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Former ABC journalist says Mark Halperin allegations reflect harmful female objectification in TV news

Numerous women have come forward to allege that political journalist and author Mark Halperin harassed them while he was at ABC. One of those journalists, Lara Setrakian, now the executive editor of News Deeply, joins Judy Woodruff for an exclusive interview.

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  • Judy Woodruff:

    Now we continue our series of conversations about sexual harassment, and what could be done to change the workplace environment.

    Last week, the spotlight turned to political journalist and author Mark Halperin, who had become a well-known name for his work at ABC, NBC and Bloomberg. Five women came forward to CNN alleging that he harassed them while he was at ABC. That number has now grown to at least a dozen, and several have said he assaulted them as well.

    Halperin has denied any assault, but he released a statement last week saying, in part, “For a long time at ABC News, I was part of the problem. I acknowledge that and deeply regret it. My behavior was wrong. It caused fear and anxiety for women who were only seeking to do their jobs. In subsequent jobs, I didn’t engage in improper behavior with colleagues or subordinates. I conducted myself in a very different manner.”

    One of those women, Lara Setrakian, wrote about her experiences at ABC for The Washington Post. She’s now the CEO and executive editor of the digital site News Deeply.

    And she joins me now.

    Lara Setrakian, welcome to the program.

    So, you — it was 2006. You were working at ABC News in New York. What was your job, and what was your working relationship with Mark Halperin?

  • Lara Setrakian:

    So, I was one year into my job at ABC News as an off-air reporter, a sort of entry-level, get-started position.

    We were assigned to cover the midterm elections. I was based in New York. And Mark was overseeing coverage of that election, so sort of a boss for a season of election coverage.

  • Judy Woodruff:

    And what happened to you?

  • Lara Setrakian:

    We were working very hard on that midterm election.

    And I started getting e-mails from Mark complimenting my work, which meant a lot to me. I was really earnest and cared a lot about journalism.

    He suggested coming up to his office to talk politics over a Diet Coke. And while I was there, he sort of lunged at me, kissed me, touched me inappropriately. It’s still very uncomfortable to describe.

    And I sort of felt his body on me. And it was very uncomfortable, to say the least. I sort of froze, left, went and told a few colleagues that I trusted, and tried to put it out of my mind for the next 11 years.

  • Judy Woodruff:

    You were in your early 20s.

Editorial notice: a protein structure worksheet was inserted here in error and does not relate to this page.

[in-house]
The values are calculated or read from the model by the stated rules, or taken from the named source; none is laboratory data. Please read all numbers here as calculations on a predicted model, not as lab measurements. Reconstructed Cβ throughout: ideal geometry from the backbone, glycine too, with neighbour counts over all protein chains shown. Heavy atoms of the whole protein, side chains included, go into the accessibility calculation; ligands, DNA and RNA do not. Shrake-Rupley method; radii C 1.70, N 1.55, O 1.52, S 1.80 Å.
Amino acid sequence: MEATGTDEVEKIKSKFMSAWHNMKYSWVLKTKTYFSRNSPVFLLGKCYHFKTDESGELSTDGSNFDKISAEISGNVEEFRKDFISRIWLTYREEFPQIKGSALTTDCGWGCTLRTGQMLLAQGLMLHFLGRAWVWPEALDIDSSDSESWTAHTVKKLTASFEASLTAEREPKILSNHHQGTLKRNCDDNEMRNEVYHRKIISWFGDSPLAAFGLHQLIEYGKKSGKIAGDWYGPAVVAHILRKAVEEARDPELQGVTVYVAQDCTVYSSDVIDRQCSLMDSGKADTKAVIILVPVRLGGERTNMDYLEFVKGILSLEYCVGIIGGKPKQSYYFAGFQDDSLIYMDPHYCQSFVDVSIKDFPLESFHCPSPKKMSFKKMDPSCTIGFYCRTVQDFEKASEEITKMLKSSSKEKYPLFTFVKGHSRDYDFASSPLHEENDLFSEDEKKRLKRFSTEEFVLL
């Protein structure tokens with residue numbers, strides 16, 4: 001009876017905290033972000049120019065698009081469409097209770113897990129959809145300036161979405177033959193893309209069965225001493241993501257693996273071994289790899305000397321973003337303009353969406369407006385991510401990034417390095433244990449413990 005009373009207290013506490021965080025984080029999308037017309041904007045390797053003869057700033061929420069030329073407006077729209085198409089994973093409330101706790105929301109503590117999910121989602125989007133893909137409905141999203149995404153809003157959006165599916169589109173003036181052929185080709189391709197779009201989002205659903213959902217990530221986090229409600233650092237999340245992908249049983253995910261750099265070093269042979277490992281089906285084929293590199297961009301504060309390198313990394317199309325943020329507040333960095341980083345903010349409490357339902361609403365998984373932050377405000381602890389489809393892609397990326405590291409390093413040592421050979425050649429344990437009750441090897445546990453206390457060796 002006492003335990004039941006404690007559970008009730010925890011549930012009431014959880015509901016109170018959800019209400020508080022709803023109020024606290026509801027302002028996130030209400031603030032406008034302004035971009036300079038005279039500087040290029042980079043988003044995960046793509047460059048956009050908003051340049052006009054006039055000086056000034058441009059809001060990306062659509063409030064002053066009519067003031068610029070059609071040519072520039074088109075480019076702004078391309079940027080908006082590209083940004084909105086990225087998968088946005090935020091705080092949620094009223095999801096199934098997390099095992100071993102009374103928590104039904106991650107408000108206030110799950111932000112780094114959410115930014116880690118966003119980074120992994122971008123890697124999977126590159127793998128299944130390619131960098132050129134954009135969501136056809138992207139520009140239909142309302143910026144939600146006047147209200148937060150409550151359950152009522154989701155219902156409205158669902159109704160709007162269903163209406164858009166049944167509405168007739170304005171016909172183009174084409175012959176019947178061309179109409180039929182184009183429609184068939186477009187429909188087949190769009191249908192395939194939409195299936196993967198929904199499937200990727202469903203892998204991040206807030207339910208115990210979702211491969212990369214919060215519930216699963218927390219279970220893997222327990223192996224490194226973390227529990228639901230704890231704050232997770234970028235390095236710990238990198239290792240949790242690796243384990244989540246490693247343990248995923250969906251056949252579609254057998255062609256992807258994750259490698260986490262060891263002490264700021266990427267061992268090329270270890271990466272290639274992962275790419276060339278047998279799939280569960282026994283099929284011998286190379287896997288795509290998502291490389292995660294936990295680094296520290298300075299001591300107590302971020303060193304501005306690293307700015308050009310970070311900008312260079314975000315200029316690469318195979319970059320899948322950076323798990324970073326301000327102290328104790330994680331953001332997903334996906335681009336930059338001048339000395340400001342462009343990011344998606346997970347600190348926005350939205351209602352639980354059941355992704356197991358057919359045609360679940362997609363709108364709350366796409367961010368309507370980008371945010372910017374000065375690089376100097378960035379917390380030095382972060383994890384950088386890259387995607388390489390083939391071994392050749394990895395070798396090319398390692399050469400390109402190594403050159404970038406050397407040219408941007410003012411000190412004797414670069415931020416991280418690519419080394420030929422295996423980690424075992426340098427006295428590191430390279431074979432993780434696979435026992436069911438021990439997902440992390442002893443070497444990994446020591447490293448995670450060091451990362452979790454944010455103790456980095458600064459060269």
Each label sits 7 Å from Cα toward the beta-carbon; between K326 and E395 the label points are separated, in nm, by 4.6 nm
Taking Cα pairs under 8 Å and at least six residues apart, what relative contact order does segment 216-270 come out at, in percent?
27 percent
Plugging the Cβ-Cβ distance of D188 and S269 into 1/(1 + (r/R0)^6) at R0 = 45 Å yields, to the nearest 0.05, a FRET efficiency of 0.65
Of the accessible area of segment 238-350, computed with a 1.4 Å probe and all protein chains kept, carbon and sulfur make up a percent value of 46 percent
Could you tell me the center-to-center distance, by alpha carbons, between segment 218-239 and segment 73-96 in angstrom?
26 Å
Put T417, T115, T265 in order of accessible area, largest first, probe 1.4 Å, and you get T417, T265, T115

• Lara Setrakian:

    I was 24.

  • Judy Woodruff: 

    And did you find out then whether this was happening to other young women, and did you go to anyone at ABC News?

  • Lara Setrakian:

    My colleagues told me that there were multiple cases of this happening, and that it was sort of understood that it’s best not to be alone with Mark.

    I was so embarrassed. I thought it was my fault. I thought I did something wrong. And I was so young. I — he was a giant in our field already, and I just didn’t feel comfortable making noise, honestly.

  • Judy Woodruff:

    So, when you talked to someone at ABC, did you get the sense that management was paying attention?

  • Lara Setrakian:

    I liked to think so.

    I sensed that it was going to go wide enough to make an impact, to be one of the cases among the many that I felt had already occurred. That’s part of what gave me the courage to share it, even with those few people, but I don’t know where it went from there.

  • Judy Woodruff:

    But you were hearing that it was going on with other women.

    And there was a — what, kind of an agreement among women not to be alone with him?

  • Lara Setrakian:

    It was just talked about that way, like, oh, he’s kind of creepy. Don’t — you know, don’t spend too much time.

    But I only heard that after it happened, so it wasn’t — it was — it almost relied on this telepathic understanding among women, which is hardly a way to know what to do and not do.

  • Judy Woodruff:

    Over the years — so this was 2006. This was over 10 years ago.

    How often have you had a chance to think about it, talk about it with other women, with others?

  • Lara Setrakian:

    I tried to forget. It was embarrassing.

    But, also, I hated what it said about our industry, that we could be preyed upon, that we could be judged. It — I internalized a lot of that, this idea that you’re only going to get the opportunities that come to you when certain people in our industry find you sexually attractive, and once you’re no longer sexually attractive to them, you face a certain decline.

    That was really hard to swallow. A few times over the years, when his name would come up, I would shudder. I confided in a few more friends, political reporters who would mention his name. I said, don’t — don’t say his name around me. And they would ask why.

    So, actually, in the wake of this all, they all reached me to express their support and say, remember that time? Remember that time? I knew something was wrong, and you weren’t talking about it. I’m so proud of you for coming forward.